Taking gewürztraminer to a higher level

The Alsace uses a concept of “noble varieties” to define which grapes can be used in the areas that are designated as “Grand Cru”. I’ve always wondered what could be meant with “noble” varieties. The grapes that are used to make the highest quality wines, I read everywhere. OK. Riesling is one of those grapes that no one will question, I suppose. But why do the noble varieties in the Alsace include pinot gris and not pinot blanc? Or pinot noir for that matter? And then there is muscat and gewürztraminer, both noble varieties in the Alsace. On the one hand, I’m very happy that there are still regions that want to cultivate the traditional varieties, and that do not massively plant sauvignon blanc or chardonnay. On the other hand, these are not my go-to grapes in general. The grapy character of muscat and the aromas of lychee and rose in gewürztraminer tend to be rather dominant. I like it when a wine invites me to sniff and sniff and sniff again before I even consider having a sip. Then when you do take a sip, the wine sinks in and makes time stop for a couple of seconds. It gives you that whoa-moment that every wine lover wants to experience once every while. I think I have not tasted the right muscats and gewürztraminers until now to experience that. Luckily I recently had a chance to taste the wines of Domaine Lissner…

It was without great expectations that I went to a wine fair in Ghent, called PURr, dedicated to natural and organic wines. I’ve been to a couple of such wine fairs before and had my share of, well let’s say, animal aromas… I don’t mind when they are there a little bit, they can actually add complexity, if you’re open for it… But when it’s too much, it’s just too much, off-putting even. In whites you will then find aromas of apple cider or ashes. It was therefore a nice surprise to taste very fresh and complex wines at the stand of Theo Schloegel of Domaine Lissner. We started off with a muscat that was not grapy at all, and that had a crystal-clear acidic structure. Very refreshing and salivating. It was the gewürztraminer, however, that made me silent for a moment.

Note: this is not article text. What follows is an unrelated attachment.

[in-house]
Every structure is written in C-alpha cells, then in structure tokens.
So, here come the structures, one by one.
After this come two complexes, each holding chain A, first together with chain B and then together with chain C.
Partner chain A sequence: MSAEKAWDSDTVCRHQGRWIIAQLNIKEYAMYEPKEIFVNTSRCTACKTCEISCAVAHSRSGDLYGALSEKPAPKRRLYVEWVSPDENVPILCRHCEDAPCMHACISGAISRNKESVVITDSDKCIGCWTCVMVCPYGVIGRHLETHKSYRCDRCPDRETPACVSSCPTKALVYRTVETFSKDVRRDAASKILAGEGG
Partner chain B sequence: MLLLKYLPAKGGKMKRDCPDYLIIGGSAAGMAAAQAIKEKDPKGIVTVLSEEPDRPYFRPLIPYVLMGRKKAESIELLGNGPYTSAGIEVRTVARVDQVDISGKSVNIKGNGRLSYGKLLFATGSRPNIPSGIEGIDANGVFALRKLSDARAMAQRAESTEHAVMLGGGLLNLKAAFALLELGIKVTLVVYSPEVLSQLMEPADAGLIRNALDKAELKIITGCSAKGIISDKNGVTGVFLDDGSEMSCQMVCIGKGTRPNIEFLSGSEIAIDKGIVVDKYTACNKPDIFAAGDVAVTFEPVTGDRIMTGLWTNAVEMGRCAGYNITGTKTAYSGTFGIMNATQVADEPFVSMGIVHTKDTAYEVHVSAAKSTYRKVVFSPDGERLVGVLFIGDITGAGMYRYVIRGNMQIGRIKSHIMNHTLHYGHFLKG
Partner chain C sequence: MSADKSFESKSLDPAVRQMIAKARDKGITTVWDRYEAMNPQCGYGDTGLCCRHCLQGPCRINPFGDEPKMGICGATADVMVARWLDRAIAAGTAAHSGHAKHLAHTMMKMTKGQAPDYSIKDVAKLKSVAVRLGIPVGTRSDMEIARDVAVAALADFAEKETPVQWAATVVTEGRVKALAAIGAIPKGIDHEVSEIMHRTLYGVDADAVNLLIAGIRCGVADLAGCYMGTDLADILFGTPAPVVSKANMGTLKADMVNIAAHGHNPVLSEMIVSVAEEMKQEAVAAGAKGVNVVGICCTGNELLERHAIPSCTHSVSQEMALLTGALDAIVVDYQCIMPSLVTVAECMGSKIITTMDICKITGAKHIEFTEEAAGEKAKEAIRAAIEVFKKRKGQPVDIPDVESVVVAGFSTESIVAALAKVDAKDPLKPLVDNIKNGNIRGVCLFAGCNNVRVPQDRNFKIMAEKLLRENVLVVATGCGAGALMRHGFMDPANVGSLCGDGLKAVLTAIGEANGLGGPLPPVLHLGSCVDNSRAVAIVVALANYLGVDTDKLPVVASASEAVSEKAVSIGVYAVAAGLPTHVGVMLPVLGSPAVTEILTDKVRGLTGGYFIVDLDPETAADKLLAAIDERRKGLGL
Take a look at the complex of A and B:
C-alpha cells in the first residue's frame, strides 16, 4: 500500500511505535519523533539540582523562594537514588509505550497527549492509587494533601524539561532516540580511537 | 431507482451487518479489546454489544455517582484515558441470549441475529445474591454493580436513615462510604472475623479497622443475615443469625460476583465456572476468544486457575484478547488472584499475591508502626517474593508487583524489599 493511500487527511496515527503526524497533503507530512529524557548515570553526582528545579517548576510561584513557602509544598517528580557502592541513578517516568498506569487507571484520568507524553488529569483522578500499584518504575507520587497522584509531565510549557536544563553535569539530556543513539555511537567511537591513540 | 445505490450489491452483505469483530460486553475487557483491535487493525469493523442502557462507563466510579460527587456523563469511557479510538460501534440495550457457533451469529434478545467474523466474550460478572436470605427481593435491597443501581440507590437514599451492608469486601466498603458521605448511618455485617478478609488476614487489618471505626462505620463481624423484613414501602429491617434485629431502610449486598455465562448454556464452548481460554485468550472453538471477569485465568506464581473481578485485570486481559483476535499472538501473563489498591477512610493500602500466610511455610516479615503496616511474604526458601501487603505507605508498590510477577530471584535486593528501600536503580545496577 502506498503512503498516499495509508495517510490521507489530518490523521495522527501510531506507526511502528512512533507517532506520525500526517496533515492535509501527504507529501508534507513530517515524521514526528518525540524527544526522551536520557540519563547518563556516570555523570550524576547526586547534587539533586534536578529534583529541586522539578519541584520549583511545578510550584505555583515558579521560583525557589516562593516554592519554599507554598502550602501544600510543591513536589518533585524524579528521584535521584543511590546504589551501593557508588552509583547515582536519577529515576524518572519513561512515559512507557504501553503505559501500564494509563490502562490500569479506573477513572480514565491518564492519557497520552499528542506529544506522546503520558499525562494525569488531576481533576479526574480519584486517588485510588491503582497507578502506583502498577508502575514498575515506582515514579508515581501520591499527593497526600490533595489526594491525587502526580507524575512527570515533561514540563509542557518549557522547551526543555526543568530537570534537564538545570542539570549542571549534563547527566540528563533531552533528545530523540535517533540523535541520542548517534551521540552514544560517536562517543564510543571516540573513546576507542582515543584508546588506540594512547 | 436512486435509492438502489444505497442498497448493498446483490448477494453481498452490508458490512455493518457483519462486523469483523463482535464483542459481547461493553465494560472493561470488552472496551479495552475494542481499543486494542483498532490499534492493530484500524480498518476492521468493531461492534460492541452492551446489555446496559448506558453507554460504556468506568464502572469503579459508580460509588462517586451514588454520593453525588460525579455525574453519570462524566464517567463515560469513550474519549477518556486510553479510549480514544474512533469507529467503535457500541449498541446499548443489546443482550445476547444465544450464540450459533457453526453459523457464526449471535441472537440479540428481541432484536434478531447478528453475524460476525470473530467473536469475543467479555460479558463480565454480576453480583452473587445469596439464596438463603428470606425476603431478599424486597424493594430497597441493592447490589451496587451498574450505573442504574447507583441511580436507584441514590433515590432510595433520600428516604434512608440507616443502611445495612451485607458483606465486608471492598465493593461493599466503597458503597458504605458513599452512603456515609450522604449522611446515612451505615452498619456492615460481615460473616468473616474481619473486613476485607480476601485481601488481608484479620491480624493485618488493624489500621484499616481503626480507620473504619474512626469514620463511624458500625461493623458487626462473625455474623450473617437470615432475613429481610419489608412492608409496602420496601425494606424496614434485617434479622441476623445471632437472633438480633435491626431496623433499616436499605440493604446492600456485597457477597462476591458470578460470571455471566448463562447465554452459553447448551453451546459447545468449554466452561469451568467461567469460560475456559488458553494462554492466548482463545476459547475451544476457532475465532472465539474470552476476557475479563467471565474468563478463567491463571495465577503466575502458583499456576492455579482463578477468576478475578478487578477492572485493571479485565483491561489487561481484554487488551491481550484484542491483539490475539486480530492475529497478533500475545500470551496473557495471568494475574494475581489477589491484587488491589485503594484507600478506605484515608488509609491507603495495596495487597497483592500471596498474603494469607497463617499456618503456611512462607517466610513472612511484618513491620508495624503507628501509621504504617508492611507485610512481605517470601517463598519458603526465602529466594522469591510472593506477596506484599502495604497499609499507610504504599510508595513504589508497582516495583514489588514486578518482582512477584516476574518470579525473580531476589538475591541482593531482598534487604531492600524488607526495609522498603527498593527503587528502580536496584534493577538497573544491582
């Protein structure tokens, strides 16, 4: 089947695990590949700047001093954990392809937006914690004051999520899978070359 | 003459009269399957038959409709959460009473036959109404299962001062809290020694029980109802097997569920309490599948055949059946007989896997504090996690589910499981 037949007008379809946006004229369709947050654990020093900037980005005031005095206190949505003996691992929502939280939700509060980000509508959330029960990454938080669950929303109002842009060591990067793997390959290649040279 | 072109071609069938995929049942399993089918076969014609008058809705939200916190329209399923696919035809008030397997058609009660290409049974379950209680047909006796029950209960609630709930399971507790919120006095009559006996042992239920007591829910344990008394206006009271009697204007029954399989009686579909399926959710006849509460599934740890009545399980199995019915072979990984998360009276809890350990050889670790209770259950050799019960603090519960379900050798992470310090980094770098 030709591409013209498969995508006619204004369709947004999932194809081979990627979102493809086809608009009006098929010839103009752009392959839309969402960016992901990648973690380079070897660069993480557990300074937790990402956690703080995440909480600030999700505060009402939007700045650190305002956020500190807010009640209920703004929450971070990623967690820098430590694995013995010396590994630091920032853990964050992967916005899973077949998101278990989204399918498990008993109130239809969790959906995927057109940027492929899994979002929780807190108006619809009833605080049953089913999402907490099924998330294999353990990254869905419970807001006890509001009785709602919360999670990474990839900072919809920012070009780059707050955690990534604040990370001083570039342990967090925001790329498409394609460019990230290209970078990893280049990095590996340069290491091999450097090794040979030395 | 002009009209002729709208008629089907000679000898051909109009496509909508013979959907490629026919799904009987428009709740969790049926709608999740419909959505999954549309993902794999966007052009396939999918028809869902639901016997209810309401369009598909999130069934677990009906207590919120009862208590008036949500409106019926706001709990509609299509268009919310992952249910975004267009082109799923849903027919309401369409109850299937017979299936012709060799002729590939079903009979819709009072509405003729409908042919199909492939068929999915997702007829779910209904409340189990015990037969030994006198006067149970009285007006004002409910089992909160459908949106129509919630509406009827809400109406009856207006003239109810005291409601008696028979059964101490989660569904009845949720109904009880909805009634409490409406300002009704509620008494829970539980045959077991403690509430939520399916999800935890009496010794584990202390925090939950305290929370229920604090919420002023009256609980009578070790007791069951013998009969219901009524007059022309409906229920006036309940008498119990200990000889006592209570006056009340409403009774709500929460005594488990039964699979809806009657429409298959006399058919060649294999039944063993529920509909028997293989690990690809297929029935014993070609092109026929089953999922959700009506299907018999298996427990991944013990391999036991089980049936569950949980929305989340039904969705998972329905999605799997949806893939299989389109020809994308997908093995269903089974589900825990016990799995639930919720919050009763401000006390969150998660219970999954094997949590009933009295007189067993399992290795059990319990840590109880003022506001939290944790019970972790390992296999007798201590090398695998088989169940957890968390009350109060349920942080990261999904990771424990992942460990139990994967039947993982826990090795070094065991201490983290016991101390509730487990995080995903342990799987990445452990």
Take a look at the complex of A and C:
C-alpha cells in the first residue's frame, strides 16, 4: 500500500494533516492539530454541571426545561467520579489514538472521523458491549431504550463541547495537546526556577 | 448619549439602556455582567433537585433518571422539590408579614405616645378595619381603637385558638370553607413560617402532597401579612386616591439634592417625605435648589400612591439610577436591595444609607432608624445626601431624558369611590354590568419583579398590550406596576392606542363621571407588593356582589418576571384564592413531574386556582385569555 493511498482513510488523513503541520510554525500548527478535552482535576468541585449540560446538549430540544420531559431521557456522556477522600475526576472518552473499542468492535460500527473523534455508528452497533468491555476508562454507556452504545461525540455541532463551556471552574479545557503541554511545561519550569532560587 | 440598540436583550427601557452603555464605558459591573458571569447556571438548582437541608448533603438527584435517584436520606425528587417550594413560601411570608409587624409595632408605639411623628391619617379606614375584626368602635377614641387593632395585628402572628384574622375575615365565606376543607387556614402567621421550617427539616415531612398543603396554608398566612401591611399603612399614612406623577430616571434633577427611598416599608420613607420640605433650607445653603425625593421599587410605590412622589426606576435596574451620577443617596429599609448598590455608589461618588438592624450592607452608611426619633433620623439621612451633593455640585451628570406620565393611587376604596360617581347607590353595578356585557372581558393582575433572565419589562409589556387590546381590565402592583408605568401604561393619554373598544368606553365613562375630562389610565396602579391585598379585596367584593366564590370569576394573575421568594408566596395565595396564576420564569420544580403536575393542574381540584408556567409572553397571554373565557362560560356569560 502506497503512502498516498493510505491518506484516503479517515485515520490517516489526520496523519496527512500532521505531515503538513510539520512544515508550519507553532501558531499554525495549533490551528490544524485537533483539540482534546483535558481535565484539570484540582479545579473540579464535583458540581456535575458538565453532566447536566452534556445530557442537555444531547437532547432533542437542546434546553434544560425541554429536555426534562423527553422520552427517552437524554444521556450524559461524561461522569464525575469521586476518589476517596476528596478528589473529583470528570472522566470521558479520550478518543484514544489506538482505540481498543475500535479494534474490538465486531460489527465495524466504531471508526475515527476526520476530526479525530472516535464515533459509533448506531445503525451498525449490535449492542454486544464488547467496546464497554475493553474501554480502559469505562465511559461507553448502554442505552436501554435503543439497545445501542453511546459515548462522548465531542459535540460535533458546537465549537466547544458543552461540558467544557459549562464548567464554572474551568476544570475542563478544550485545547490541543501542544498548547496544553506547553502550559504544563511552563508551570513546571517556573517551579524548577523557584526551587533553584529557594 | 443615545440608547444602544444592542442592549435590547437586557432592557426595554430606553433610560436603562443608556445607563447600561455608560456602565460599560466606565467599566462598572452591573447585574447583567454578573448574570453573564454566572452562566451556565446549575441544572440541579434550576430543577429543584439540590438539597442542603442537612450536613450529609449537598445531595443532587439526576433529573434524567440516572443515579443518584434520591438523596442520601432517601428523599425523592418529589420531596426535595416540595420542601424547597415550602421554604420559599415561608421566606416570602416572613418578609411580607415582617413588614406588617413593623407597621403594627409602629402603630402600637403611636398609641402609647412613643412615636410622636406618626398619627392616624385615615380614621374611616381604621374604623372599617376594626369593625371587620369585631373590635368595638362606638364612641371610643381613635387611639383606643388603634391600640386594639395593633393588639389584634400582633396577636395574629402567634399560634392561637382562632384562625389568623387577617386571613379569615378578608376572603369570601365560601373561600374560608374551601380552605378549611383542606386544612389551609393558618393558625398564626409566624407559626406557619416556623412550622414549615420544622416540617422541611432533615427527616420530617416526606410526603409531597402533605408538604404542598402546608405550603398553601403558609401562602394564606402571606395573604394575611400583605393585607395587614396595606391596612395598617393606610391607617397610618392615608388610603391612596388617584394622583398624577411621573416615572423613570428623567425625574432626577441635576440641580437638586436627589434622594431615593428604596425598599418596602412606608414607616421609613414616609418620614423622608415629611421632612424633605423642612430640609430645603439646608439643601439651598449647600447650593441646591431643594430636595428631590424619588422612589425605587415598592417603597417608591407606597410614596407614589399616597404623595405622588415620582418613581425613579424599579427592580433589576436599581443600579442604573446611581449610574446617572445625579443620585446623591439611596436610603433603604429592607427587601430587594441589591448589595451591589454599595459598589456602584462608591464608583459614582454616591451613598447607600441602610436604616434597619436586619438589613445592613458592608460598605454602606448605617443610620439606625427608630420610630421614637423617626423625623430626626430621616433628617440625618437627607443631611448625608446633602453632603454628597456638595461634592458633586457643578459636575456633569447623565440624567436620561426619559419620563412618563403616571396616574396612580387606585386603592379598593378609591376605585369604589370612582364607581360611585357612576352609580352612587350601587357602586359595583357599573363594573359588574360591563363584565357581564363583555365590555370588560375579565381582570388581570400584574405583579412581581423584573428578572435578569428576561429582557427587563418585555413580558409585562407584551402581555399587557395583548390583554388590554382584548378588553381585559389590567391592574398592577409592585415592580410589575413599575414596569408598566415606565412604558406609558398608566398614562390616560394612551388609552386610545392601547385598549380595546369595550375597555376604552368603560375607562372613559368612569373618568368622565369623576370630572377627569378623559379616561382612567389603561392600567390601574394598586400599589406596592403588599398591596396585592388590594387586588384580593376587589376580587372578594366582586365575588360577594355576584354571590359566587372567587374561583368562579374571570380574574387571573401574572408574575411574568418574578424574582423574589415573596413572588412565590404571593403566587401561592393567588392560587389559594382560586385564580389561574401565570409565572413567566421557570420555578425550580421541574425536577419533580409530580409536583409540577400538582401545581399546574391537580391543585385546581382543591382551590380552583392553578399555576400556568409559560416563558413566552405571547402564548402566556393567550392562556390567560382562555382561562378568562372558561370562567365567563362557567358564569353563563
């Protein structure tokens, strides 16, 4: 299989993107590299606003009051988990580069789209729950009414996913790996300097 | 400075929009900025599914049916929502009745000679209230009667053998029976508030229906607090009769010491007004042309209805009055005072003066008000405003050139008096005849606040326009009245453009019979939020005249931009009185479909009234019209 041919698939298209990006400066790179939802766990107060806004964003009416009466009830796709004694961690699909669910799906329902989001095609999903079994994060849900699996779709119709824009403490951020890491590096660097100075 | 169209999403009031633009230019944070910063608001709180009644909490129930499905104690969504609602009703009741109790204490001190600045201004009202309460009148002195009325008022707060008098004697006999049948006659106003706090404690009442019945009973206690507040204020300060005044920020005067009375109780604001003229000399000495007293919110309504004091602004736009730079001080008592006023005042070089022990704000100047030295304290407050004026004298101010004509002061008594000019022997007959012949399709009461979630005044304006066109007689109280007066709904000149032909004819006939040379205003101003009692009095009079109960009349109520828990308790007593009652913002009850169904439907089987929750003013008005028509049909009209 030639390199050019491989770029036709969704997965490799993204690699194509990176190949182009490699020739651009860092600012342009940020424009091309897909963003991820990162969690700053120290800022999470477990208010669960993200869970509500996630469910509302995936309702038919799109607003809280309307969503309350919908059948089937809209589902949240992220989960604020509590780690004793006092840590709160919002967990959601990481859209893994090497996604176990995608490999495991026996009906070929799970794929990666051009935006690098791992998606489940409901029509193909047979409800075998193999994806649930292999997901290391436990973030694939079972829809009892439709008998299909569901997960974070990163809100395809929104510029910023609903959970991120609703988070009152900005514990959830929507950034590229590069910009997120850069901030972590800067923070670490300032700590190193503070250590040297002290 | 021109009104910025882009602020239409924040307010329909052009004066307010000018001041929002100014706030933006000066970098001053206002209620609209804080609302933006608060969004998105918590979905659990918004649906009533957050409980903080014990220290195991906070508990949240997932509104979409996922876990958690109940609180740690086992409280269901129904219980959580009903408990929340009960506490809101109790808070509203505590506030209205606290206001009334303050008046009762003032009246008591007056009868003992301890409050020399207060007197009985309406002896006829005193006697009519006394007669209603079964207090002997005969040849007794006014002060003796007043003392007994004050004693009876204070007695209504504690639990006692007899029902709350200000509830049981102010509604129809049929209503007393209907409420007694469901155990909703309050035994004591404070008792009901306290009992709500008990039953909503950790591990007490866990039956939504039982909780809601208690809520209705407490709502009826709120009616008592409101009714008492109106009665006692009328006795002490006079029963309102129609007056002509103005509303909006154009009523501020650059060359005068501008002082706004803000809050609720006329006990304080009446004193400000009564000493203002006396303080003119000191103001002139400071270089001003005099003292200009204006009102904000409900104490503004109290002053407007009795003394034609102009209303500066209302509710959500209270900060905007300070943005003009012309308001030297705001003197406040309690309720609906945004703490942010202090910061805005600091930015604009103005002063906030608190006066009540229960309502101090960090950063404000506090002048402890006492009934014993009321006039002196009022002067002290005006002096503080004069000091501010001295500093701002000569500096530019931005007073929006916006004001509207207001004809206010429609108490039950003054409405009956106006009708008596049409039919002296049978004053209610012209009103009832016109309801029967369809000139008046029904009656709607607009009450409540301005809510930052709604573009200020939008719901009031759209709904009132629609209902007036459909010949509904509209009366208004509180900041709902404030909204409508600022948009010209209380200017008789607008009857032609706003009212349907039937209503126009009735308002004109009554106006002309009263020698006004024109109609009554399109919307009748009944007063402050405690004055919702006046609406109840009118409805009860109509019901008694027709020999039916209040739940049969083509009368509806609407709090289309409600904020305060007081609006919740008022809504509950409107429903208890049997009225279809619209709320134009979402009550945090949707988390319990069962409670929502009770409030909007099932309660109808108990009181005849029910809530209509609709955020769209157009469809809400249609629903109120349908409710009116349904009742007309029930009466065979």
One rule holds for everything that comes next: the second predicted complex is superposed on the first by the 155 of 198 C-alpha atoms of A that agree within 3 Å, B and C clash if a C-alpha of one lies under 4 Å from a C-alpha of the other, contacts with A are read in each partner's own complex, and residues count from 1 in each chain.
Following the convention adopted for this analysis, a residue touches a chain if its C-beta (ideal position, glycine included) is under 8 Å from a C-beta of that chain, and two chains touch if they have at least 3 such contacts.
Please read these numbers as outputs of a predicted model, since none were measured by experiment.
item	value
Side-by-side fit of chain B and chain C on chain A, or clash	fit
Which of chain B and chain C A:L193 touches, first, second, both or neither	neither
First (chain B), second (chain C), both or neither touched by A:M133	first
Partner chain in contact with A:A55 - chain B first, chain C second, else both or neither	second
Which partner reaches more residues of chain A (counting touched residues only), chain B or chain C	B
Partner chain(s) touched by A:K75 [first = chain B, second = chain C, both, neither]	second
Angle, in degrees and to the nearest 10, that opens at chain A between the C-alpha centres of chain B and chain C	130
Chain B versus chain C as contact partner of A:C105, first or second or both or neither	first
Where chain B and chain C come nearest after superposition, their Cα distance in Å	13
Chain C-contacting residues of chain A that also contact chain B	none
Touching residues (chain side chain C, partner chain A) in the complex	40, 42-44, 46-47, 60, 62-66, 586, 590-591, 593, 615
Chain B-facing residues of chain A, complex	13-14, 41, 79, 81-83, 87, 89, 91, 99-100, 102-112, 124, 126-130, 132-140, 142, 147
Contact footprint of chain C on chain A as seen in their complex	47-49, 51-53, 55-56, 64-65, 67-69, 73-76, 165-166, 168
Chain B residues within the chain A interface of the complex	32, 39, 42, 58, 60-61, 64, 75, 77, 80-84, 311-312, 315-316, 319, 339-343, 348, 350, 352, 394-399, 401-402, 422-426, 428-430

IMG_1594This gewürztraminer comes from the Grand Cru Altenberg de Wolxheim. When Theo poured this wine, his tone became somewhat worried. He said : “Please, take your time to taste this wine, at least one full minute!” After he repeated this one or two times more, I was aware that this wine was a) very dear to him, b) not just a quaffer, and c) that he probably has his share of people who come to wine fairs to down as much as possible. He then said : “You should actually drink this wine in ten years time!”. He then repeated once more : “Really, take your time to taste this wine!”

The first sniff at my glass made it clear from the start : this is indeed not “just a gewürztraminer”. No can of lychees in my glass, but a mineral start, followed by orange, exotic fruit such as pineapple, and a bit of curry powder. Nothing overwhelming, rather a subtle, yet intense nose that makes you sniff and sniff again. The first sip revealed a bit of the spiciness that you can have with gewürztraminer, but again very well dosed. The mouth feel was very round and the concentration of the wine was enormous. You could almost chew on this. Definitely no simple summer quaffer. By then, I could perfectly imagine why this wine should be drunk in ten years time! And also why I needed to take my time… Another interesting thing about this wine is that it is completely dry. Gewürztraminer is sometimes made with a bit of residual sugar to make it off-dry. No such thing here. The remarkable consequence of that is that this wine has a whopping 15,5°C alcohol… Luckily well integrated.

As you might expect, this is the kind of wine that invites to eat with it. I matched this wine with rojak, a fruit and vegetable salad commonly found in Malaysia and Indonesia. It’s an eclectic mix of pineapple, mango, bean sprouts, toasted peanuts and, in this version, fried tofu. The dressing is a mix of lime zest and juice, oil, sambal oelek and sugar. A very refreshing, tangy salad, yet at the same time lightly sweet and hot. This turned out to be an absolute winner with the gewürztraminer, because the lime and the chilis added a bit of structure to the wine, while the wine beautifully echoed the mango and the pineapple. A great example of how one and one can be three…

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Hit the ro-jak!